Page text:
matzoh balls I’ve ever made: Perfectly shaped, light. Go know."

Traditional Matzoh Balls

4 eggs
1/2 cup seltzer
4 to 6 tablespoons melted (but not hot)
chicken fat or
a combination of chicken fat and
vegetable oil
1/2 teaspoon salt
1/4 teaspoon finely ground white pepper
1 cup matzoh meal

1. With a table fork, beat the eggs until well blended.
2. Stir in the seltzer, the schmaltz (or the schmaltz and oil), and the salt
and pepper.
3. Gradually stir in the matzoh meal. Cover and refrigerate for at least 1
hour, or preferably longer.
4. Bring a large quantity of water to a gentle boil in a very wide and deep
pot with a cover; one with enough surface so that when the balls ex-
pand and float to the top, there will be only one layer of balls -- and
not crowded at that. I use an old-fashioned covered roaster placed
over two burners.
5. Using about 2 tablespoons of the chilled batter for each matzoh ball, and keeping your hands moist with cold water (for convenience, I keep a
bowl of cold water next to me as I work), gingerly roll the batter be-
tween the palms of your hands into neat balls. As you form the balls,
drop them into the boiling water.
6. When all the balls are in the pot, cover the pot, adjust the heat so the
water simmers briskly, and cook the matzoh balls for 30 minutes.
They will double in size and float to the top.
7. Remove the matzoh balls from the water with a slotted spoon and
serve in hot chicken soup.

 Ahead of time note: I have never frozen matzoh balls, or made them ahead of
time and let them sit for more than an hour or so, but some people say that
they do both and that they’re fine. I have no idea how New York’s Jewish
delicatessens keep theirs in such fine form for an entire day, and I’ll bet I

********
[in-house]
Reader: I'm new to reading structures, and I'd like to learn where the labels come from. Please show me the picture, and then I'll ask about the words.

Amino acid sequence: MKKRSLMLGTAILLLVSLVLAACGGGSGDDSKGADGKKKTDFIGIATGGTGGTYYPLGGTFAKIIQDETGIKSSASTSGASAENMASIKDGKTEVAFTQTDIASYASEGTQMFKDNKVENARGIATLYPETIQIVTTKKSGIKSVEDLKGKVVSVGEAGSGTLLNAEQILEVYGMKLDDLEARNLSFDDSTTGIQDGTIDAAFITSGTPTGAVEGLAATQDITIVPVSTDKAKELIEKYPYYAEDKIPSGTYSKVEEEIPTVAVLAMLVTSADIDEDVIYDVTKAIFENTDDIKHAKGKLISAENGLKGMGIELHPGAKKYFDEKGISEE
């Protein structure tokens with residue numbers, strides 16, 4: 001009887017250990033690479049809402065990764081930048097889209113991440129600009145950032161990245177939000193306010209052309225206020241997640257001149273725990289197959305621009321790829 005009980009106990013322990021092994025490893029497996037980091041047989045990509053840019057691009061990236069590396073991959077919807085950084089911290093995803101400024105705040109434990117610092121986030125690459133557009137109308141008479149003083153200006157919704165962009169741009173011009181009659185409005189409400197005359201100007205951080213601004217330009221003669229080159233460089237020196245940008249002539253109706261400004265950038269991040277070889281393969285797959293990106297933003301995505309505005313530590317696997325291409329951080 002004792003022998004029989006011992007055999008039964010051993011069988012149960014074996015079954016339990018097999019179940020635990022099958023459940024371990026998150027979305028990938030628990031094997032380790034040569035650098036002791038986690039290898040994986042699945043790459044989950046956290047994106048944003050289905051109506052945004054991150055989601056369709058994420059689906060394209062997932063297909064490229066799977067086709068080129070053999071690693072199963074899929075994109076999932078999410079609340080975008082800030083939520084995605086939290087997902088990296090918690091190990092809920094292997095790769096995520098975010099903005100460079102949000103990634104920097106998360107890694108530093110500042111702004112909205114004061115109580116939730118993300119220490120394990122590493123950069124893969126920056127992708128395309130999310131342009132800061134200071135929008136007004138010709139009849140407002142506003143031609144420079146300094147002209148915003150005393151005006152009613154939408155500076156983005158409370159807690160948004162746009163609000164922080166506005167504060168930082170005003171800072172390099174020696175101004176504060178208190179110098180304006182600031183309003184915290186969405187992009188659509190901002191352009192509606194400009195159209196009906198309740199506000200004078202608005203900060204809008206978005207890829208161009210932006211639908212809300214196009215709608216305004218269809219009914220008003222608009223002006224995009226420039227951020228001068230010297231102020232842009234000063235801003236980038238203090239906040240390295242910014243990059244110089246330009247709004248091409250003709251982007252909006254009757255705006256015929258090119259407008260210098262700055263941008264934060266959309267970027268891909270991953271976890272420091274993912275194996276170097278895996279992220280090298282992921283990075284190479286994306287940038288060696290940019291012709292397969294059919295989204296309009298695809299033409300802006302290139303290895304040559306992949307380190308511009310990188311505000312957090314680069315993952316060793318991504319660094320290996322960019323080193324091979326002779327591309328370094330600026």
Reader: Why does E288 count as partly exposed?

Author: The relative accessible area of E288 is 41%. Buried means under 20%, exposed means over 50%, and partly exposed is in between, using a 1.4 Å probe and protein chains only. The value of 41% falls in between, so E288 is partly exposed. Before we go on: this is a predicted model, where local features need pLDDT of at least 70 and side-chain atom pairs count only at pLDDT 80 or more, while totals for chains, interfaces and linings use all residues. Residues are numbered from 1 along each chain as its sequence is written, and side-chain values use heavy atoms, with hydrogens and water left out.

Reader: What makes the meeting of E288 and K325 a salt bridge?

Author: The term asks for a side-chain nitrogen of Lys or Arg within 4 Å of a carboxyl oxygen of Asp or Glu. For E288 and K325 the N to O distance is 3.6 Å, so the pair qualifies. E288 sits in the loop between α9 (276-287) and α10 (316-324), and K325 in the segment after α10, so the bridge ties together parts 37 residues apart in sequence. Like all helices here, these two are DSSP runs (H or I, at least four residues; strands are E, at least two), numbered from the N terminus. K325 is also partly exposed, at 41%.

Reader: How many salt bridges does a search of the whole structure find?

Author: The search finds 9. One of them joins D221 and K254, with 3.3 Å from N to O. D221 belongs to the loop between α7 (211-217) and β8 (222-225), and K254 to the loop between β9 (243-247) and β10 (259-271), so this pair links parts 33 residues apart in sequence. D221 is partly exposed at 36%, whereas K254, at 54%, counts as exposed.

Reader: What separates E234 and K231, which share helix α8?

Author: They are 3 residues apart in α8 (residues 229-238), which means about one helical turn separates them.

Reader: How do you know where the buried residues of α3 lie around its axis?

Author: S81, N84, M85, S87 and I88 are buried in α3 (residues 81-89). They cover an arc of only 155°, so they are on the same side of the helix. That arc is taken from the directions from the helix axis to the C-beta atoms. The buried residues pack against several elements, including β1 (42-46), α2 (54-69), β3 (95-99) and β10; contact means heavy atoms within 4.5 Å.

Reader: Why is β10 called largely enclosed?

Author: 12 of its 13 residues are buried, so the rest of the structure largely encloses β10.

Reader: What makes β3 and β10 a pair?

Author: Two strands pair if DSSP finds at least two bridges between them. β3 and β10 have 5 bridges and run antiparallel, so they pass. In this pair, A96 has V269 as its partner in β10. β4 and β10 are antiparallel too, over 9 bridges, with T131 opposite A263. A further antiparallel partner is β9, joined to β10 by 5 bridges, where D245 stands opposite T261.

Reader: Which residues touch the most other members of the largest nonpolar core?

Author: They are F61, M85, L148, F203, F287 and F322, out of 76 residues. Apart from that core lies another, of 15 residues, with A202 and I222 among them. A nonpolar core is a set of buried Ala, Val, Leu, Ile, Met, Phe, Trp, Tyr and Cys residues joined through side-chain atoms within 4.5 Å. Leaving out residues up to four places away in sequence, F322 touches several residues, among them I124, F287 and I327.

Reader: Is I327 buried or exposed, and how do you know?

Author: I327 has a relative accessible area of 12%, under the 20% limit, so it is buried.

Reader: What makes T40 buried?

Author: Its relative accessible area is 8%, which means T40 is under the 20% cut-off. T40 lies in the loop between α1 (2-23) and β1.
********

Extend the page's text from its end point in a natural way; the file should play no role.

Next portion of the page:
wouldn't enjoy them as much if I did know. There are some things better
left unsaid.

Copyright 1998 StarChefs All rights reserved.


(Matzoh Balls)

From My Mother's Kitchen:
Recipes and Reminiscences

by Mimi Sheraton 1979 HarperCollins


“Although matzoh balls were usually served in soup, we were always
happy to have leftovers, cooked and kept in the refrigerator, then sliced
and fried in butter the next morning for breakfast. The result is not
unlike semolina gnocchi.”

Makes 10 to 12 large matzoh balls

3 eggs
6 tablespoons cold water
3 heaping teaspoons schmaltz
(rendered chicken fat), solidified
Pinch of white pepper
2/3 to 3/4 cup matzoh meal
2 1/2 to 3 quarts water

Beat the eggs lightly with cold water. Add the chicken fat and stir until the
fat dissolves. Add 1/2  teaspoon salt and a pinch of pepper. Gradually beat
in the matzoh meal, 2 tablespoons at a time, proceeding slowly as it thickens
so you do not add too much. The mixture should be as thick as light mashed
potatoes, and just a little soft and spongy. Add salt and pepper as needed.
Chill for 5 to 7 hours.
Half an hour before serving time, bring 2 1/2 to 3 quarts of water to a boil. Add a handful of salt, as for pasta. With wet hands, or two tablespoons
dipped intermittently in cold water, shape the mixture into balls about 1
inch in diameter. Drop gently into the boiling water, cover pot loosely,
and let boil at a moderately brisk pace for about 25 minutes.
When one ball tests done (cut it open and see if it is light and cooked all
the way through), remove all carefully with a slotted spoon. Serve in hot
chicken soup.

Variation: To make fried matzoh balls, chill the cooked balls overnight. In the morning, cut into slices between 1/4 and 1/2 inch thick and fry slowly in hot
butter or margarine, turning so both sides become golden brown and the
slices are thoroughly heated.

Note: For those who observe kosher dietary laws, it will be necessary either
to fry the prepared matzoh balls in chicken fat or margarine, or to substitute
melted and resolidified butter for the chicken fat when making the matzoh
balls. If the latter is done, they can then be fried in butter, but they may not
be used in chicken soup.

Matzoh Ball Soup continued - the soup!